Same-sex marriage: Will conservative religious colleges lose tax-exempt status?
After last week's landmark Supreme Court ruling, the tax-exempt status of conservative religious institutions whose policies don't extend housing and other benefits to same-sex couples could be in question.
| New York
In his dissent to last week’s epoch-changing decision that declared same-sex marriage a fundamental right, Chief Justice John Roberts worried about the implications of the majority’s rationale for religious colleges and other institutions.
“Hard questions arise when people of faith exercise religion in ways that may be seen to conflict with the new right to same-sex marriage – when, for example, a religious college provides married student housing only to opposite-sex married couples, or a religious adoption agency declines to place children with same-sex married couples,” the chief justice wrote. “There is little doubt that these and similar questions will soon be before this Court.”
One of these questions, many legal scholars and others say, may revolve around the tax-exempt status of conservative religious institutions whose policies conflict with the nation’s new public policy on marriage. If those choose to maintain a traditional view of marriage, and refuse to extend housing or other benefits to same-sex married couples, among other issues, the IRS could possibly strip them of this long-held economic benefit.
It is another concern for many religious conservatives as the nitty gritty effects of a profoundly altered social landscape begin to unfold in the short and long terms. And as a new moral consensus begins to emerge within American cultural institutions, from the workplace to the public sphere, many conservatives fear they will become pariahs, and objects of discrimination themselves.
“I don’t think that a number of these religious schools can reasonably hope to adhere to principles that are clearly in violation of public policy, a la Bob Jones,” says Michael Olivas, law professor and director of the Institute for Higher Education Law & Governance at the University of Houston.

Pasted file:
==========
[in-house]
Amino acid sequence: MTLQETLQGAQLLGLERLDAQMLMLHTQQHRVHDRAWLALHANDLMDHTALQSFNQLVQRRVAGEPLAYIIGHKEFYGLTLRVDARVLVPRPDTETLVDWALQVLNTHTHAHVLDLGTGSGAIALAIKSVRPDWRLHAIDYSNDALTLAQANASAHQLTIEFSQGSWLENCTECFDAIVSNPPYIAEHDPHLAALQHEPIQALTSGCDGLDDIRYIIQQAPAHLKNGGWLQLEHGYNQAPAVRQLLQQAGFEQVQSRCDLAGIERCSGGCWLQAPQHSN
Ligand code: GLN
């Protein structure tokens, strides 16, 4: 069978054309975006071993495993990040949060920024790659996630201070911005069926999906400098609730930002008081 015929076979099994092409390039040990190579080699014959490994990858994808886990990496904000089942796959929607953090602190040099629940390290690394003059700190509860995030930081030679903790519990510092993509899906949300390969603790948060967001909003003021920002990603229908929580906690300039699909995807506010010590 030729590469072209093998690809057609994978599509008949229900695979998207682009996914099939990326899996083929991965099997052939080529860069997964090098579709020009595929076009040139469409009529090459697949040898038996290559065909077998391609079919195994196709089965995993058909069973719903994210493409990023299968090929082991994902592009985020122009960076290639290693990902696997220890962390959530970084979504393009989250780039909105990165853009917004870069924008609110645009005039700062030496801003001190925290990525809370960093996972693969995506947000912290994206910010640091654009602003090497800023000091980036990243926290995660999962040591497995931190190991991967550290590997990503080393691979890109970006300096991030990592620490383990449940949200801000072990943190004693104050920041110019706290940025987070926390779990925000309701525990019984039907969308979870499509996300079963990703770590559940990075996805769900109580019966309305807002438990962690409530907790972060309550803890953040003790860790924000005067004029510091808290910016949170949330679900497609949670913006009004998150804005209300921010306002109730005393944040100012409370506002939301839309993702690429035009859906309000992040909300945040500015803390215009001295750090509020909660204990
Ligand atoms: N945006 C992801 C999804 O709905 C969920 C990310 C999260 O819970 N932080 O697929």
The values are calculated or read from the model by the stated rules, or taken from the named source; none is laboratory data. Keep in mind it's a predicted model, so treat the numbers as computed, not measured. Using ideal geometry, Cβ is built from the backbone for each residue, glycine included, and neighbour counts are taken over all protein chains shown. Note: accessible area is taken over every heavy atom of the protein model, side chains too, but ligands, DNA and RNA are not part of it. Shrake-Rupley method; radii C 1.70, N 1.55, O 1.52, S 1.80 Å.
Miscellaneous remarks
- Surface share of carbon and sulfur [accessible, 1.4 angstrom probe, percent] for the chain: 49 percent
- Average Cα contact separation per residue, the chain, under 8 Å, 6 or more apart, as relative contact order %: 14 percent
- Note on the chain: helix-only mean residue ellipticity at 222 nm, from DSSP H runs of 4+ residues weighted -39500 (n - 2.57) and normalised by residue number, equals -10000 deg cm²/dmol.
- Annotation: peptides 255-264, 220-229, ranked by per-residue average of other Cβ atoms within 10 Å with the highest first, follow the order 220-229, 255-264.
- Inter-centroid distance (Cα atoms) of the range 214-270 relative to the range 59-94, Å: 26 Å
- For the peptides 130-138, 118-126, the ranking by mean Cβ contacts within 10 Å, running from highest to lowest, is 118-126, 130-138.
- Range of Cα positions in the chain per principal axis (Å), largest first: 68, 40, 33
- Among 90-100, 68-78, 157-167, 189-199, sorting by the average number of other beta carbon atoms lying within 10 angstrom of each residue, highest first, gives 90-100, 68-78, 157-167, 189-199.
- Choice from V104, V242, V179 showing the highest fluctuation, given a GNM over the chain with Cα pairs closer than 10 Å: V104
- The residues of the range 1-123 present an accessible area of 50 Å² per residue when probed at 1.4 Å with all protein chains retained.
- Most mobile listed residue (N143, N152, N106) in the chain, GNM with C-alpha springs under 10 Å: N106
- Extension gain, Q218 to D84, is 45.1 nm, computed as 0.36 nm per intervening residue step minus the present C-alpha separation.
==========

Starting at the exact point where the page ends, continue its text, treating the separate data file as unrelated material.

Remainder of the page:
In 1982, the Supreme Court upheld the IRS after the tax collection agency stripped Bob Jones University, an evangelical institution in South Carolina, of its tax-exempt status, since the school infamously banned romantic interracial relationships on campus.
“It would be wholly incompatible with the concepts underlying tax exemption to grant tax-exempt status to racially discriminatory private educational entities,” the high court said. “Whatever may be the rationale for such private schools' policies, racial discrimination in education is contrary to public policy.”
That nationwide public policy was to end segregation, especially in the South. And after Friday, same sex marriage, too, is a national public policy.
Already this week, some conservative officials have taken steps they say would allow government clerks and judges to express their freedom of conscience, and opt out of participating in same-sex marriages for religious reasons. On Sunday, Texas Attorney General Ken Paxton said he would support the religious freedom of such magistrates, saying he believed they were protected by existing laws, and he hoped that the constitutional values of freedom of religion and same-sex marriage could “peaceably coexist.”
Some legal experts, however, say that the Bob Jones case – as well as the Supreme Court’s Loving v. Virginia decision in 1967, which outlawed bans on interracial marriages – portends a contentious coexistence.